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Leading consumer law firm Slater and Gordon has responded to criticisms of Australia’s class actions regime with a detailed, data-driven assessment of the operation of the system.

Contrary to claims made by some members of the corporate lobby, the firm said that empirical data continues to show Australia’s class action regime is effective and efficient, and is a vital tool in protecting the interests of investors and consumers against the relative power and resources of large corporations and governments.

In its submission released today to the Australian Law Reform Commission’s Inquiry into Class Action Proceedings and Third-Party Litigation Funding, Slater and Gordon said a large body of evidence dispels claims by the corporate lobby that there had been a rise in class actions or that class action litigation is producing poor returns for group members.

The evidence in fact confirms that the regime is operating as was intended when it was first recommended around 30 years ago, and continues to be a vital tool to hold large corporations and governments to account and promote higher standards of corporate conduct.

Slater and Gordon Head of Class Actions Ben Hardwick said since the class action regime was established attacks on Australia’s class action regime by corporate interests, and consequential reviews and examinations of their effectiveness, have been the regime’s constant companions, however at each stage the data has shown that the system operates well.

“The real complaint from corporate Australia about class action litigation appears to be simply to the effect that companies are increasingly being held to account when they fail to meet the standards expected of them by Australian society.

“When companies breach their obligations and cause people to suffer losses, they ought to be held to account. Complaints from corporate Australia about the system that allows people to do that should be viewed as the self-interested advocacy that it is,” he said.

Mr Hardwick said against the current and developing background of corporate misfeasance, particularly in light of revelations by the Banking Royal Commission, any review of continuous disclosure obligations should be framed to strengthen the measures by which listed entities can be held to account for their misconduct by investors and consumers.

“Over the course of the lifetime of the continuous disclosure rules only a small proportion of ASX-listed companies have been the subject of shareholder class actions.

“The combination of strong disclosure standards and effective enforcement mechanisms has provided certainty and security for investors and other Australian companies, and has led to improved economic outcomes for the Australian market as well as improved disclosure standards within the market.

“There’s a clear argument to be made that a strong class actions regime creates value for our economy.

“We expect that the consequence of a weakened regime would be a reduction in disclosure standards and worse investment outcomes for individual and corporate investors – including, relevantly, Australian superannuation funds. The net result to the Australian economy may be significant,” he said.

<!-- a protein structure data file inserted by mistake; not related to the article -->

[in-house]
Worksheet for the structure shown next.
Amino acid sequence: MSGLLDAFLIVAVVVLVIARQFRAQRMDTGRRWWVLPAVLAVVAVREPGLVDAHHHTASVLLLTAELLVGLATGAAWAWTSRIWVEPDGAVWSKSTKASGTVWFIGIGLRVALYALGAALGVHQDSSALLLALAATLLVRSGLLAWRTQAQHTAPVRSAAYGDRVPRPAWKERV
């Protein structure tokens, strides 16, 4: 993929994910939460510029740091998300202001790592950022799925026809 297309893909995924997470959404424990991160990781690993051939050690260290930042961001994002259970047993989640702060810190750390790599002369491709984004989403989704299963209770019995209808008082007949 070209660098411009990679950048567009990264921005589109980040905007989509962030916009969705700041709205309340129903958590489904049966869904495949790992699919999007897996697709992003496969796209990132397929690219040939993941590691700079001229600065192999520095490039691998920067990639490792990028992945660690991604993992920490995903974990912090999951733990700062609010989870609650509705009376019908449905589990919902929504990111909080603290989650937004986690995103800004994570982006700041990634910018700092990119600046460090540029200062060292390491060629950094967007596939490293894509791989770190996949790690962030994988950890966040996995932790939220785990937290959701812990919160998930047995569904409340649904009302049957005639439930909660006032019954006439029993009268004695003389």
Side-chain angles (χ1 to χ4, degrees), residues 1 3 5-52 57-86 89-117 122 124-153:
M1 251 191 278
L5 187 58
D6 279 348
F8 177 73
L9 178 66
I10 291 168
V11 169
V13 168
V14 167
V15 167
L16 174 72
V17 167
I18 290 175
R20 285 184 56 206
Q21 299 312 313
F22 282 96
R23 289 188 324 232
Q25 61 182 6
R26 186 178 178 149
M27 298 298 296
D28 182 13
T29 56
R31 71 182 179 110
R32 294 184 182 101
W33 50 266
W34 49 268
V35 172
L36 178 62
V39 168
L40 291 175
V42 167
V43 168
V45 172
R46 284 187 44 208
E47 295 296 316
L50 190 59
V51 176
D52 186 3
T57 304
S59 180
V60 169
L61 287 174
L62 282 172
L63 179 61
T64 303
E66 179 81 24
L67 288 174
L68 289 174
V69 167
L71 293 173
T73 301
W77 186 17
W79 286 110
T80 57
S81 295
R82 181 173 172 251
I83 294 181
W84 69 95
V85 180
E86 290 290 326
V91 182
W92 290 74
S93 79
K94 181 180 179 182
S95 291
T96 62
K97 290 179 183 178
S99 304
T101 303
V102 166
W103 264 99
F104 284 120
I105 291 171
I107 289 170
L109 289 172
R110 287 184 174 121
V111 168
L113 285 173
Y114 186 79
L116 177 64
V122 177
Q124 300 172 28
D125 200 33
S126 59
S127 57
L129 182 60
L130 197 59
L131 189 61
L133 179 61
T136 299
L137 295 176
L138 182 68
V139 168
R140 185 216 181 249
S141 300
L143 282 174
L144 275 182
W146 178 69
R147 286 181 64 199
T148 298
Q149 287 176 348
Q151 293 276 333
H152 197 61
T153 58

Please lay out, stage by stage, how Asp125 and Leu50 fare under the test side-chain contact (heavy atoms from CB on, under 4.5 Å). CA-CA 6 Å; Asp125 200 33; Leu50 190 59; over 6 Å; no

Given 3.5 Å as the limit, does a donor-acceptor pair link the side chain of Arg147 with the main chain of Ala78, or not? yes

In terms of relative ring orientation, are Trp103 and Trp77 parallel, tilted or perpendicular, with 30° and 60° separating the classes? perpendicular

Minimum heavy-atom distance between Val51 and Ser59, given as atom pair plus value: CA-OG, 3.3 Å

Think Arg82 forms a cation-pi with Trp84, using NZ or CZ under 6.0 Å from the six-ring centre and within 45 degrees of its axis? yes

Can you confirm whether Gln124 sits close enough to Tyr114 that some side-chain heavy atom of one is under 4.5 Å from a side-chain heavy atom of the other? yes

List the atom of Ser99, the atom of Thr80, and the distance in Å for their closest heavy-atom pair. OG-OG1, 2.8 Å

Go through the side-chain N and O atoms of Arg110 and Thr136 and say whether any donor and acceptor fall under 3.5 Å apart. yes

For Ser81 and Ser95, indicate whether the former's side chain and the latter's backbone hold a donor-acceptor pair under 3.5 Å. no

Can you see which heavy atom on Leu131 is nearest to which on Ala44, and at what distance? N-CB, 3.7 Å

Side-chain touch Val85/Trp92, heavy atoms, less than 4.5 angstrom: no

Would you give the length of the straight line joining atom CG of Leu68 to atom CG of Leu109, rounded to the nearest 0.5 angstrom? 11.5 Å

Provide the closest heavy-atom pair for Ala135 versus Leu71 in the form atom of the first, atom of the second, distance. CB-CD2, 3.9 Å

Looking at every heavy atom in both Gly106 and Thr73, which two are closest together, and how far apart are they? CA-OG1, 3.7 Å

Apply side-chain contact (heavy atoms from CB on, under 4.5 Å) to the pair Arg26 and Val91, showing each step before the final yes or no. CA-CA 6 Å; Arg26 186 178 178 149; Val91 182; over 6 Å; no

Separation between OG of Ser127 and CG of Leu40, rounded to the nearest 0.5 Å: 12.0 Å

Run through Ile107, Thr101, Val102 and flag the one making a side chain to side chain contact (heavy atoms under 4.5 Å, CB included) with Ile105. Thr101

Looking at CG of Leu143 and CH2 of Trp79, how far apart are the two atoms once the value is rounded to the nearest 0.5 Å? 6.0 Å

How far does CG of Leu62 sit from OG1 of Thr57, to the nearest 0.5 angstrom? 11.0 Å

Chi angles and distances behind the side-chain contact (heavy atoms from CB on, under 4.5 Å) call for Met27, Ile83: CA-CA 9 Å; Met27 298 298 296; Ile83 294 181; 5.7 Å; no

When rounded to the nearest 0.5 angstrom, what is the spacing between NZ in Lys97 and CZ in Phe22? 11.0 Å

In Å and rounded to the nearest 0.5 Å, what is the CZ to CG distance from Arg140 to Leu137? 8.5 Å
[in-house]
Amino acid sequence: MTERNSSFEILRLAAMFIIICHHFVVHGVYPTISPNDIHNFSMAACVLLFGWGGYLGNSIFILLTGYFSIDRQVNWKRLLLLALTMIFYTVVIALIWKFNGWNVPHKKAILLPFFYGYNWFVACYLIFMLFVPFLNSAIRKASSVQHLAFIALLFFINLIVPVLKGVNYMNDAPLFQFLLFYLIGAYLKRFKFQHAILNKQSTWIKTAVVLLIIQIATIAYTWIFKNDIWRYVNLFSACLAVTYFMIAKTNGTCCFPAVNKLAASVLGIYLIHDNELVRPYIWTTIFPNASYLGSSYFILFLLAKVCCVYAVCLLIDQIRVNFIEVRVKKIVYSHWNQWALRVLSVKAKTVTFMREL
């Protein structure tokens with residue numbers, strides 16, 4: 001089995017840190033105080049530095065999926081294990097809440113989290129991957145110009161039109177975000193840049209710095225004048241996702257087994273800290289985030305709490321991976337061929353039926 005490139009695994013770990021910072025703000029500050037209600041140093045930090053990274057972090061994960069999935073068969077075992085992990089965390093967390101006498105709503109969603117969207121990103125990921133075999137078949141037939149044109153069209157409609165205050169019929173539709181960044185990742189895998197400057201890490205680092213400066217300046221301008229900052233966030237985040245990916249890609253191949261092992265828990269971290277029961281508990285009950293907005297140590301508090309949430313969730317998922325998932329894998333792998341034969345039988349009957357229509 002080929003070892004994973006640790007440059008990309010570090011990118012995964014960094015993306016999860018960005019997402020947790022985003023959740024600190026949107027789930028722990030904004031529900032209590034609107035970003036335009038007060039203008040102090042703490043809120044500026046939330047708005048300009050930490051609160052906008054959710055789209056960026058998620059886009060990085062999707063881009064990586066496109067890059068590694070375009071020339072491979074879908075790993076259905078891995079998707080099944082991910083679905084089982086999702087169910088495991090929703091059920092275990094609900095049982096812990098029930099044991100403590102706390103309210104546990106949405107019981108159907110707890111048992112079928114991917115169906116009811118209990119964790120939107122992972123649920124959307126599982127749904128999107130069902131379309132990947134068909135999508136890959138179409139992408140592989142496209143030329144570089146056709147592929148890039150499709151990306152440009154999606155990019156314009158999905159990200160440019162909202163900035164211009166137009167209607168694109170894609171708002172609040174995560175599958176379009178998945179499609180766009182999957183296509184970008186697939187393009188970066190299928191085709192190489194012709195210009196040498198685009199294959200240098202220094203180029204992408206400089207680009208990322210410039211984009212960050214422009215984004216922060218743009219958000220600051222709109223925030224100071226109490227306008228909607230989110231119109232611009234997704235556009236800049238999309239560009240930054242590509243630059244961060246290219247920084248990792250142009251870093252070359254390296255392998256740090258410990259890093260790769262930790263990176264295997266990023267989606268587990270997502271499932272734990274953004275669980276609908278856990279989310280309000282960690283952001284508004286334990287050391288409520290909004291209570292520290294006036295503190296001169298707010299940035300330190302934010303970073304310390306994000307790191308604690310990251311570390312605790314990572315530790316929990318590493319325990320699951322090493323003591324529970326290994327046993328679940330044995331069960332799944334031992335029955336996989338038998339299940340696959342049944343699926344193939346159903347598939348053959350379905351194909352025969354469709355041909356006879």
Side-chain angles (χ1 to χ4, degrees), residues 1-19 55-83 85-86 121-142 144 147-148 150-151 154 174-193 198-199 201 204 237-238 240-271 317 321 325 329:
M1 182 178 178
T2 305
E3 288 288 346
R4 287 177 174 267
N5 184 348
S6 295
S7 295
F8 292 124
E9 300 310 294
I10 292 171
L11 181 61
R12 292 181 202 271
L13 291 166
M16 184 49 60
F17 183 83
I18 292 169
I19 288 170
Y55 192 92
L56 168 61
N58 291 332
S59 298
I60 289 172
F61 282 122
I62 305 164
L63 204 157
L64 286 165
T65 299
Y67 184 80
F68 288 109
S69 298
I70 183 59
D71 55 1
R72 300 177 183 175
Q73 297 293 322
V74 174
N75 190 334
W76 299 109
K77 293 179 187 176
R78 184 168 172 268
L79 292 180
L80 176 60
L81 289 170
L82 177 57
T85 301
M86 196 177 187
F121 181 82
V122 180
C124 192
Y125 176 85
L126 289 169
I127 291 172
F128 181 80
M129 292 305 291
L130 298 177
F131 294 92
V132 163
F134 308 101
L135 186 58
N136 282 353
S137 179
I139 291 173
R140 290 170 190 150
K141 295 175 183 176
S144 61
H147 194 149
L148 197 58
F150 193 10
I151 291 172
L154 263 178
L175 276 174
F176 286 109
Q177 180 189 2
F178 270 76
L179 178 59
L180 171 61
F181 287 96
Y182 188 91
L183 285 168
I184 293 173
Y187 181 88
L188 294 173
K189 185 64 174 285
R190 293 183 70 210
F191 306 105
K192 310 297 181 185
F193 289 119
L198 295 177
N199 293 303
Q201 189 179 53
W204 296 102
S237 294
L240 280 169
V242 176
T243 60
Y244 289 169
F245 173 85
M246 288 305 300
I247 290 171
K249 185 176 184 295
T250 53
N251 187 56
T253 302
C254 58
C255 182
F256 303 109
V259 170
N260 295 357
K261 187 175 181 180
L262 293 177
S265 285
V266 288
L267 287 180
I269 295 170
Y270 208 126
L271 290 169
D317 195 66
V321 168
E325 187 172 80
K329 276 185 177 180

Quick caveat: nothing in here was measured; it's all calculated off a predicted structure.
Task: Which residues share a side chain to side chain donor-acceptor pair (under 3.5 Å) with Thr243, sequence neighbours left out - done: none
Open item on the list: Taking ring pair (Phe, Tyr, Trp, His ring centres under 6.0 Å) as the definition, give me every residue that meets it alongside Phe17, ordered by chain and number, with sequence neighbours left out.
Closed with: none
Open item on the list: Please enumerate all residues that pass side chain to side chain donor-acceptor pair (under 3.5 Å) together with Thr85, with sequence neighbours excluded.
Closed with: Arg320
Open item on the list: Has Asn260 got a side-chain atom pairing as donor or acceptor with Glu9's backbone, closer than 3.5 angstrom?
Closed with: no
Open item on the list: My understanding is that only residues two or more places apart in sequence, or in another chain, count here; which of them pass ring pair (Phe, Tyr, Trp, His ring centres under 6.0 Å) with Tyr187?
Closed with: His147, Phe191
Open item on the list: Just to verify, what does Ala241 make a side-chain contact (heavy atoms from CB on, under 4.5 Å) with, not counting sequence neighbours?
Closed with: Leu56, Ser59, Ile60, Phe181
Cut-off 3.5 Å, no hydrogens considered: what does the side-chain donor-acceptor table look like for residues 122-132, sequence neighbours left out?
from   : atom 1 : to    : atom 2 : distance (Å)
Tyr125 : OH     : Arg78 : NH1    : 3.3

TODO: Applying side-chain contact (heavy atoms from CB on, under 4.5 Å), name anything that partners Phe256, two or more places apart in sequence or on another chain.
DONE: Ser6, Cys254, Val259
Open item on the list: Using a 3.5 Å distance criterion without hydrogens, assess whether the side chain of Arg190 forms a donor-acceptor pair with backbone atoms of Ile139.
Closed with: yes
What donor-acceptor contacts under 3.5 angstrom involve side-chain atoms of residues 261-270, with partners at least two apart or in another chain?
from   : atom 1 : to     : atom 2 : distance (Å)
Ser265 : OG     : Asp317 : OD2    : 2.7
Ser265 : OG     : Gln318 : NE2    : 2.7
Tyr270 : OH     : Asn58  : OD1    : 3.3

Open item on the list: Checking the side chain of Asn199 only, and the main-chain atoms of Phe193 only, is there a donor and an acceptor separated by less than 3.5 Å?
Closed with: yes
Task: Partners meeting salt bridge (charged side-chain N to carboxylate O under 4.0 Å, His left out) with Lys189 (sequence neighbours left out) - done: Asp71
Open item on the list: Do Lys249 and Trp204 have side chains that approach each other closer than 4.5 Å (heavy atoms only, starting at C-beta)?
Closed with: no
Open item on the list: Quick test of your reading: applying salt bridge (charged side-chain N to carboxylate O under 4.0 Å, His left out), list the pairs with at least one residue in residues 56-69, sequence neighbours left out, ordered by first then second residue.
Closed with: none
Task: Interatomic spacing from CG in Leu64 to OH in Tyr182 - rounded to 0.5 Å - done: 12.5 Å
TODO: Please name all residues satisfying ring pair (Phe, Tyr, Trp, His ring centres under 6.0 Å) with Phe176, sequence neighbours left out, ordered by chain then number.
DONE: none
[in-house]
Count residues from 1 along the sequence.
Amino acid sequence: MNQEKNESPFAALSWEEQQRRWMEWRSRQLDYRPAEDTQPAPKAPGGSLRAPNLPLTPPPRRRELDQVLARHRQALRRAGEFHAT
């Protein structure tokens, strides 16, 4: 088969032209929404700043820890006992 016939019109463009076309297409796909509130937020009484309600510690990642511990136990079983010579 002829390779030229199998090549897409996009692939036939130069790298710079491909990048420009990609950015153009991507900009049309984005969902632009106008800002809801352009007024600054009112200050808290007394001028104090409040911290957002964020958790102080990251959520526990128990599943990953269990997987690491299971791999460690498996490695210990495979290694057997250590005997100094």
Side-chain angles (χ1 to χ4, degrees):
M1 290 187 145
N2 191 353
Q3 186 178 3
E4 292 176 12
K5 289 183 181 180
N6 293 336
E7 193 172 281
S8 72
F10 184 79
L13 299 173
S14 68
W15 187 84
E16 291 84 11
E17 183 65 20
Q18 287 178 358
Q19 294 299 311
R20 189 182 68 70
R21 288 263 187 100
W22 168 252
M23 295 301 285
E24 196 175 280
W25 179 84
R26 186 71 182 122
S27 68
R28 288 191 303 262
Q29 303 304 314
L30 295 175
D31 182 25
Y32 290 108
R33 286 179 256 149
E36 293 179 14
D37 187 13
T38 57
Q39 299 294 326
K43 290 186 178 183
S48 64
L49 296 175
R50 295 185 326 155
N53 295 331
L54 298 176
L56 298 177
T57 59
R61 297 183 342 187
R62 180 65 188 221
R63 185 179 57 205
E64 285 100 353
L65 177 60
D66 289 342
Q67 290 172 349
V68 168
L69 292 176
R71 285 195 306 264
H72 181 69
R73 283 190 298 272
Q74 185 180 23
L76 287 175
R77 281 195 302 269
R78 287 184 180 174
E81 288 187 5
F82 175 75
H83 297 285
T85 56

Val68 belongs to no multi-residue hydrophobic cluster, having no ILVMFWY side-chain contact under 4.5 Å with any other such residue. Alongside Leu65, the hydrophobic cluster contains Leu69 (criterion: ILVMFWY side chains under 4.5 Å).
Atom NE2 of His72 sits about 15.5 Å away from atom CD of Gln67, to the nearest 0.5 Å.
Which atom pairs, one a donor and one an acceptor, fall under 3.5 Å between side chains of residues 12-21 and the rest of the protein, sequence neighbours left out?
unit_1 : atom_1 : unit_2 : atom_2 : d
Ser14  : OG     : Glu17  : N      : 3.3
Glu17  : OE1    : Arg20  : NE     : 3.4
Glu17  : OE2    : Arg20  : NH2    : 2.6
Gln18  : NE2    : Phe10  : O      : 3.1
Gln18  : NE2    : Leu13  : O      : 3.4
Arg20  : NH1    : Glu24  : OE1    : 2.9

Mr Hardwick said Slater and Gordon would support the introduction of contingency fee arrangements, in particular in relation to class action litigation.

“In our view, the availability of such arrangements will enhance access to justice and will assist in directing greater proportions of class action settlements to group members.

“The same safeguards should remain in place to ensure that the Court supervises all issues about legal costs in class actions, to guarantee that costs are reasonable and appropriate: this will enhance confidence in the changes and allow the benefits to group members to be fully realised.

“Furthermore, contingency fees would enable law firms, clients and litigation funders to employ the funding option that best reflects the circumstances and needs of the client and the nature of the particular case at hand.”

Principal Lawyer Andrew Baker said all of the evidence pointed to the fact that Australia’s class action regime was working well.

“Pleasingly our data suggests that since 2010 over 68 per cent of recoveries from class actions have ended up in the pockets of group members, with Slater and Gordon clients enjoying outcomes well above the industry average, receiving on average 75 per cent of the recovered sums across our successful class actions over this period.

“We support all measures proposed that can provide greater assurances and safeguards for group members in class actions – and many of the suggestions discussed in the ALRC Discussion Paper concerning management of possible conflicts and disclosure to group members will do this,” Mr Baker said.

“But it’s important to recognise that, despite what some recent commentary might suggest, the system has worked extremely well for a very long period of time.

“There is no flood of unmeritorious cases being issued and legal costs remain subject to close scrutiny by the courts, but more importantly the system ensures that when large corporate entities breach their legal obligations and cause individuals harm, there’s a way for people to hold them accountable.

“Any measures that might have the effect of taking those rights away from people can’t be justified on the data that’s available,” Mr Baker said.

To view Slater and Gordon’s submission click here.

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